Antique jewellery can be worth more than its weight in gold.
The prices of gold and its poorer cousin silver continue to go north. So is it time to take granny’s old wedding ring and melt it down?
This depends on who you ask. The value of your bauble depends on not only what it’s made of; it also comes down to whether it can be called a piece of art. The difference between art and trinket is as wide as that between the meat patty Damien Hirst has for lunch and the carved-up cow he sells to art collectors for millions.
Figuring out the difference can be tricky. Elkan Wijnberg, who describes himself an “antique jewellery addict”, is a man of expensive tastes. He runs a dealership in Antwerp, Belgium, and was kind enough to chat over the phone about the issue.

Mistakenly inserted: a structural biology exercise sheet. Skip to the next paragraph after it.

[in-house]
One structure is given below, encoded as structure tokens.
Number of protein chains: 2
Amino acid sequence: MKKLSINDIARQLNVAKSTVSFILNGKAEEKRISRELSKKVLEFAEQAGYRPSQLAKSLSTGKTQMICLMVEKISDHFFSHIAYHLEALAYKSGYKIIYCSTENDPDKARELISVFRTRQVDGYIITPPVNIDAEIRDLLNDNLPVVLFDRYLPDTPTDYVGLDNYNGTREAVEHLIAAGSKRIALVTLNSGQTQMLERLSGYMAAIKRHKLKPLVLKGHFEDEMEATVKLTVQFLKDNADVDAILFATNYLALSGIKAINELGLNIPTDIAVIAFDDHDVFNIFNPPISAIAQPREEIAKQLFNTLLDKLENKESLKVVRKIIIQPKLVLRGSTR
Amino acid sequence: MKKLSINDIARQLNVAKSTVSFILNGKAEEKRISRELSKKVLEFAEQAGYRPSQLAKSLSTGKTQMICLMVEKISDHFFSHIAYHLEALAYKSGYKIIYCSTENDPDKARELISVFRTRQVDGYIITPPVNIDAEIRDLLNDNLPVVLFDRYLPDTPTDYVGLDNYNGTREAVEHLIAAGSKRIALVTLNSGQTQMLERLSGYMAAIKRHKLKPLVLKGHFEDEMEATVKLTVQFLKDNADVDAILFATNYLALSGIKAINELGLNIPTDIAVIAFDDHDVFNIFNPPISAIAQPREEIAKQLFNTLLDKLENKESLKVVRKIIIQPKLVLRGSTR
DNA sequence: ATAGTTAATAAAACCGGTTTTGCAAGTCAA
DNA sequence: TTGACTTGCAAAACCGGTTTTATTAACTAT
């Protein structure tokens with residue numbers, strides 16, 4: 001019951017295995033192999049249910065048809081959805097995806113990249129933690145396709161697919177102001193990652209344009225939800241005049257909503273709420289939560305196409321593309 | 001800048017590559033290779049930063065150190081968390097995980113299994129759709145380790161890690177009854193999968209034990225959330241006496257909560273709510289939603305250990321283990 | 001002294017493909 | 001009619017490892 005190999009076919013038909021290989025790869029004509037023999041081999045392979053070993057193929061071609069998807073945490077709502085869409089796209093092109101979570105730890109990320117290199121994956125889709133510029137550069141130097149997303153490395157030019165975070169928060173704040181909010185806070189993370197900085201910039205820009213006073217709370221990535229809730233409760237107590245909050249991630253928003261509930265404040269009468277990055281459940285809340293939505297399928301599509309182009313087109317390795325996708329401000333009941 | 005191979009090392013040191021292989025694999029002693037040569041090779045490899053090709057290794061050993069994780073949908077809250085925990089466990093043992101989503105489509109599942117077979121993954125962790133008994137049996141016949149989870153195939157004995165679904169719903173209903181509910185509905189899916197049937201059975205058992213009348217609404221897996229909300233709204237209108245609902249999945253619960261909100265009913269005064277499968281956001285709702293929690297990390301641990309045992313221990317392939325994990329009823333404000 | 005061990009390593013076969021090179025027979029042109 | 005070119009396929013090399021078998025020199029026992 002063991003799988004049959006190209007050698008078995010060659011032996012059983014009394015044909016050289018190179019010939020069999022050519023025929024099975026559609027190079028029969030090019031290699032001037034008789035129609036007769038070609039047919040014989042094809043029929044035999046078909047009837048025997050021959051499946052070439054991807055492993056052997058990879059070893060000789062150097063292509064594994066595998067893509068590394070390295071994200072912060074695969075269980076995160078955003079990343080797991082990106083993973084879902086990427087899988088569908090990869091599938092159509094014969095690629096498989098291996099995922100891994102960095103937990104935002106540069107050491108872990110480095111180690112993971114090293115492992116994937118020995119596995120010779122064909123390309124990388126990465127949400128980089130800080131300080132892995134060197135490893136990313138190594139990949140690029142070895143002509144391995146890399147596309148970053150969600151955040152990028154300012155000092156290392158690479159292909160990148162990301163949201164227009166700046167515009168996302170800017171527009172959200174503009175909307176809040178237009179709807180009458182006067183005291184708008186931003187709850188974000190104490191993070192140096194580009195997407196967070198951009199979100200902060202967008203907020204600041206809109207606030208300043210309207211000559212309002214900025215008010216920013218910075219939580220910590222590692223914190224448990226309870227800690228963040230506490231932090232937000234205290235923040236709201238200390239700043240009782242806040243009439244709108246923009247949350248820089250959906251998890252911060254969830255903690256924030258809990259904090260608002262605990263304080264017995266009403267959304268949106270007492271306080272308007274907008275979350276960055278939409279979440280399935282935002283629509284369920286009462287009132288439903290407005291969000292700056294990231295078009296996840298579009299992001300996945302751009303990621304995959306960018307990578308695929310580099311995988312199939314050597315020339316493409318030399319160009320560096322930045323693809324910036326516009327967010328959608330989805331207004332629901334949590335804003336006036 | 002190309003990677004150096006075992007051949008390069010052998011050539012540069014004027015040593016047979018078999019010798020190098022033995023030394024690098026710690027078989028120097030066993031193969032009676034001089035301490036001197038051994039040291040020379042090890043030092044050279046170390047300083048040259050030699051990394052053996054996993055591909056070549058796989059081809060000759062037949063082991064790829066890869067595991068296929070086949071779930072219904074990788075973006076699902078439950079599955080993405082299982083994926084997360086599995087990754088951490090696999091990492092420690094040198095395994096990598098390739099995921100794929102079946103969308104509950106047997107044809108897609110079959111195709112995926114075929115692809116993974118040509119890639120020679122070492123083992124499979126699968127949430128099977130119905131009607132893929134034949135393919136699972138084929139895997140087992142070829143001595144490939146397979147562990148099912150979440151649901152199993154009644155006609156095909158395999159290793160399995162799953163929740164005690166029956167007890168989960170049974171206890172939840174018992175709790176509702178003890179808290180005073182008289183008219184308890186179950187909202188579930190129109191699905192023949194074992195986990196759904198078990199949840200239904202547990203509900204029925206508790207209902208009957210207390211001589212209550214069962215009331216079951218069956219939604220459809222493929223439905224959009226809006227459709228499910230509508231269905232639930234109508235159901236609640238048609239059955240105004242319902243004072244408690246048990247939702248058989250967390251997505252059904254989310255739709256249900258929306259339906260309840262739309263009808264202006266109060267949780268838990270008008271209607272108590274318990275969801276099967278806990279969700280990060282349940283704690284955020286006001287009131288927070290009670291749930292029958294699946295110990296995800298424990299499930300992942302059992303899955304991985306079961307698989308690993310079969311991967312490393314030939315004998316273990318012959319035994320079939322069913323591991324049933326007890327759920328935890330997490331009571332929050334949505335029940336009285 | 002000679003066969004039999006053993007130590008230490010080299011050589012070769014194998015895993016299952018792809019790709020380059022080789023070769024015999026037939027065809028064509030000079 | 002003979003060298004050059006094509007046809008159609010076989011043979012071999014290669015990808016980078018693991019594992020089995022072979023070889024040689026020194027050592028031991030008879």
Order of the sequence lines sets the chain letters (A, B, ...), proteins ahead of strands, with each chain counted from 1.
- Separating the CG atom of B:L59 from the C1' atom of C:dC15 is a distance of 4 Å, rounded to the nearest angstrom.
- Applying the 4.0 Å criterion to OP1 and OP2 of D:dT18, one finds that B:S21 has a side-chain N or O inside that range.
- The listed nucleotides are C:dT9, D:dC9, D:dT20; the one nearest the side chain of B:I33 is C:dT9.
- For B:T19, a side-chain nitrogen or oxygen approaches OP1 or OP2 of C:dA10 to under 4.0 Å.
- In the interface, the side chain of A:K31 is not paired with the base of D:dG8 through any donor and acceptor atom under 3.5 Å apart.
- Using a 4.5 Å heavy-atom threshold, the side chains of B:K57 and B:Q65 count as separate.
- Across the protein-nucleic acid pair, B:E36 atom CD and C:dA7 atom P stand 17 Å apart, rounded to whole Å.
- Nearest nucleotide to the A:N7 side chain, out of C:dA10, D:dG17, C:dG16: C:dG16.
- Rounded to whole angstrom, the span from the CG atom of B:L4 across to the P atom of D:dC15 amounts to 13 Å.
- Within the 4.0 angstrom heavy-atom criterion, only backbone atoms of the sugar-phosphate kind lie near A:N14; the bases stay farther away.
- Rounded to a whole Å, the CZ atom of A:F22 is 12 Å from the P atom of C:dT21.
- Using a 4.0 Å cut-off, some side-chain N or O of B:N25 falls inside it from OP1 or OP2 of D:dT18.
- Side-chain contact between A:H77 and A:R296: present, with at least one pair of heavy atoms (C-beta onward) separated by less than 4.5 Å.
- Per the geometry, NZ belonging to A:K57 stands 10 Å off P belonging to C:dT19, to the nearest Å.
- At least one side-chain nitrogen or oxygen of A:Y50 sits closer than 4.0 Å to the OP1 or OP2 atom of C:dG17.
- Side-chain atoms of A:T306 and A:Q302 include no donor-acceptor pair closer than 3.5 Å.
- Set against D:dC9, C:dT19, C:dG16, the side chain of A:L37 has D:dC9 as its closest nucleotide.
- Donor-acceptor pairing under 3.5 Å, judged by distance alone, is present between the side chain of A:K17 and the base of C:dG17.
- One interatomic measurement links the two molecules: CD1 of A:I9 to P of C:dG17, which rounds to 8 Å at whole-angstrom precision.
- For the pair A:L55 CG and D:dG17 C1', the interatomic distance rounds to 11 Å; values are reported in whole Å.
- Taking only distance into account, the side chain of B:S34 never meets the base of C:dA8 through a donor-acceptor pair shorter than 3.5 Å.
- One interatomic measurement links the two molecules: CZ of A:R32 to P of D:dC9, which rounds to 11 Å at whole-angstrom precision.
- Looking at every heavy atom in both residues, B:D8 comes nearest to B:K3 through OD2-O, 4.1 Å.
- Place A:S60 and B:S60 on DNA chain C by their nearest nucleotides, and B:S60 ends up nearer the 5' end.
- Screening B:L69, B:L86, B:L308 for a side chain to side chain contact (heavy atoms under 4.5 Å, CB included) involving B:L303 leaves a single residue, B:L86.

Anyone who can reach into a drawer and pull out a handful of rings, none of which cost less than US$20,000 (Dh73,460) is worth listening to. He owns pieces that date to the time when our ancestors thought the moon was a really large lump of cheese in the sky, so he knows what he is talking about.
His job, he says, is to try to rescue as much old fine jewellery as possible. It’s a race against time.
“It’s understandable that… read the rest